“I’m not really surprised that AP courses are AP-level,” said Dan Fuller, the director of public policy for the Association for Supervision and Curriculum Development, an Alexandria, Va.-based nonprofit organization of about 180,000 administrators and teachers. “It’s sort of circular logic, but schools and educators know what they’re doing—they know what things are up to snuff and what aren’t.”

No ‘AP Study Hall’

The College Board has said it plans to follow up its reviews during the 2008-09 school year with a few in-person visits by professors to schools with especially low AP-exam scores. Mr. Packer said in an interview, however, that those observations of how syllabuses are being followed will only be conducted with advance notice.

While Mr. Packer conceded that prearranged visits would allow schools with subpar teaching to put a good face on potentially lackluster pedagogy, he said the audits were “not a policing mechanism. … [W]e are not a police force.”

Thomas Matts, the College Board’s director of the AP-course audit, said college-admissions offices have historically looked favorably on AP courses on students’ transcripts. Yet with the number of students taking AP classes jumping 150 percent in the past 10 years, “the admissions offices came to us asking us to provide them with some evidence that teachers … hadn’t watered down their standards to accommodate this fantastic growth.”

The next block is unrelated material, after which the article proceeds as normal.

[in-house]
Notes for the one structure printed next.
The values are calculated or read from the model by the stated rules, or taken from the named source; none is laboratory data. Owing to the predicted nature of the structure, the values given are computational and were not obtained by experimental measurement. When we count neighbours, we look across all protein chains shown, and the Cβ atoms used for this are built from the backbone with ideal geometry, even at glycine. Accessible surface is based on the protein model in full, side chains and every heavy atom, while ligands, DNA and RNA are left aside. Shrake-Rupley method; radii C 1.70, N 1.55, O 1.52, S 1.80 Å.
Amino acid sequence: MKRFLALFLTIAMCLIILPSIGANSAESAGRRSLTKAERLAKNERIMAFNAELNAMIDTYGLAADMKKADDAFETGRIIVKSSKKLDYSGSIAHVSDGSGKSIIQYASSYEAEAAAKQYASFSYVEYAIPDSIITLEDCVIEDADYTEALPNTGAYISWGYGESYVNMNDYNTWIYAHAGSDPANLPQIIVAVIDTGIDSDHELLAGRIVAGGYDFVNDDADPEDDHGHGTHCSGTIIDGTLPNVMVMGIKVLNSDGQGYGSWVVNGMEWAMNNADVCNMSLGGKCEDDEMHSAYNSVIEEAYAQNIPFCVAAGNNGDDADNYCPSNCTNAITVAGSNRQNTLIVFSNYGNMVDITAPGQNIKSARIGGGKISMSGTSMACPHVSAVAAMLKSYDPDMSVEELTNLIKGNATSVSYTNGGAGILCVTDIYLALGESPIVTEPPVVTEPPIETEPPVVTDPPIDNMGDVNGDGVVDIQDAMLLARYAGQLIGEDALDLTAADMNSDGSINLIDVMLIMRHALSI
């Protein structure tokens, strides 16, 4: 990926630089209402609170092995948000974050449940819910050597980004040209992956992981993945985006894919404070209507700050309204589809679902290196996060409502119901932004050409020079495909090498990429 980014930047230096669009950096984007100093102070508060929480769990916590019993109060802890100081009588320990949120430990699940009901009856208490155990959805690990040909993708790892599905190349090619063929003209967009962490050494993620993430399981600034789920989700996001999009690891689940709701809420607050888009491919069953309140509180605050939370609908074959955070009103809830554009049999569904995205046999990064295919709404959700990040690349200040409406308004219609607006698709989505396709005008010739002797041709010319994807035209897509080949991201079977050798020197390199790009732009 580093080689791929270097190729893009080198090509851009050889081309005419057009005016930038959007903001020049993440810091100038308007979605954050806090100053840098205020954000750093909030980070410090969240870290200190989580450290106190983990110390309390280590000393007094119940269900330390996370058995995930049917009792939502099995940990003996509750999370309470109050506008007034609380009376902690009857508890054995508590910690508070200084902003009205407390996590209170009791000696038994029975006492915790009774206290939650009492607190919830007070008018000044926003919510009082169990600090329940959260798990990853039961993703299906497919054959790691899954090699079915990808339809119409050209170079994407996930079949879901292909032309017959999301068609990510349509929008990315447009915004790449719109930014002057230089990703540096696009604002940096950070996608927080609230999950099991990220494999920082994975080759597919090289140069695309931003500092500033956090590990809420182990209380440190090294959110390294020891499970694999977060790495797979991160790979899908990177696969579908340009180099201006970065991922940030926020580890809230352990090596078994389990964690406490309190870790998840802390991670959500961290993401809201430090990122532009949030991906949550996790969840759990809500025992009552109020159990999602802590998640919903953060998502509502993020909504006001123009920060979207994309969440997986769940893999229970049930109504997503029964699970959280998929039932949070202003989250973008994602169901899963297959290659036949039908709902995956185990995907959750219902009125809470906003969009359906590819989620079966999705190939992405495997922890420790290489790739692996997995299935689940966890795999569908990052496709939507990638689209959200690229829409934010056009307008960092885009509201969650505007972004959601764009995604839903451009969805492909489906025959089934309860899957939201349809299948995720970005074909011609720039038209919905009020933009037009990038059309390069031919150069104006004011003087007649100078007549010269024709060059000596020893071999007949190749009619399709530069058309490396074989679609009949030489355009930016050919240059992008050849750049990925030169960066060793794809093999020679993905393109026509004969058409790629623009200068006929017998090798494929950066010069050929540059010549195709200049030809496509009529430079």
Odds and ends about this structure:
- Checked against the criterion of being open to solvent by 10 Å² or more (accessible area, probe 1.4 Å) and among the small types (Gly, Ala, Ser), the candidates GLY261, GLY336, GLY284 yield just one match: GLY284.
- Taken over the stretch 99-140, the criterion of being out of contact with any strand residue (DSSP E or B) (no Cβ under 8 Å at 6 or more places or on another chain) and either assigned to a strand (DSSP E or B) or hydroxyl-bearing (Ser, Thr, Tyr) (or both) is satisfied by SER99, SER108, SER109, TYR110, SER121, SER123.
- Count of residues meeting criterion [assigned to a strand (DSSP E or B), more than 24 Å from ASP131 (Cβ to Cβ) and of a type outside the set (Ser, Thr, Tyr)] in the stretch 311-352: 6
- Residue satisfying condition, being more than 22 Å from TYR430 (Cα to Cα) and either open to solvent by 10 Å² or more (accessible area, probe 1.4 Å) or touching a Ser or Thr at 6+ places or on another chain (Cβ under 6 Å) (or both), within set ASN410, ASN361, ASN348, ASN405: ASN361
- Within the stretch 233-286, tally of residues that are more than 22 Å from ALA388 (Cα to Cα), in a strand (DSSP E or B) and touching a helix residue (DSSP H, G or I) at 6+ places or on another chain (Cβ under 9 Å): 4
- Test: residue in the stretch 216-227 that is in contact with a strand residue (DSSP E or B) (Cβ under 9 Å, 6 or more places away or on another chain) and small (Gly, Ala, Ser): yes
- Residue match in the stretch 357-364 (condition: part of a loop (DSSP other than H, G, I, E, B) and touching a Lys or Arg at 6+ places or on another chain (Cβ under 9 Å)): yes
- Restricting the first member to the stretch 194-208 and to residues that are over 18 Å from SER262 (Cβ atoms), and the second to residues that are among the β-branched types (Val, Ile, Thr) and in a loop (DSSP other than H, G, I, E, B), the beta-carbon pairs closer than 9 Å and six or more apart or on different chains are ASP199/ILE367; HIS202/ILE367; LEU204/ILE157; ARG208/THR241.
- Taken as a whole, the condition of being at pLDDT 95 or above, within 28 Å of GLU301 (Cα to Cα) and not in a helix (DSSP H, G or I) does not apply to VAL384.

Barmak Nassirian, the associate executive director of the Washington-based American Association of Collegiate Registrars and Admissions Officers, said colleges’ view of AP coursework’s rigor has dimmed over the years.

Over time, he said, “it became a tool solely for admission purposes, not as a [mark of an AP course’s] college equivalence, but even that began to suffer a little bit when course designation got a little loosey-goosey.”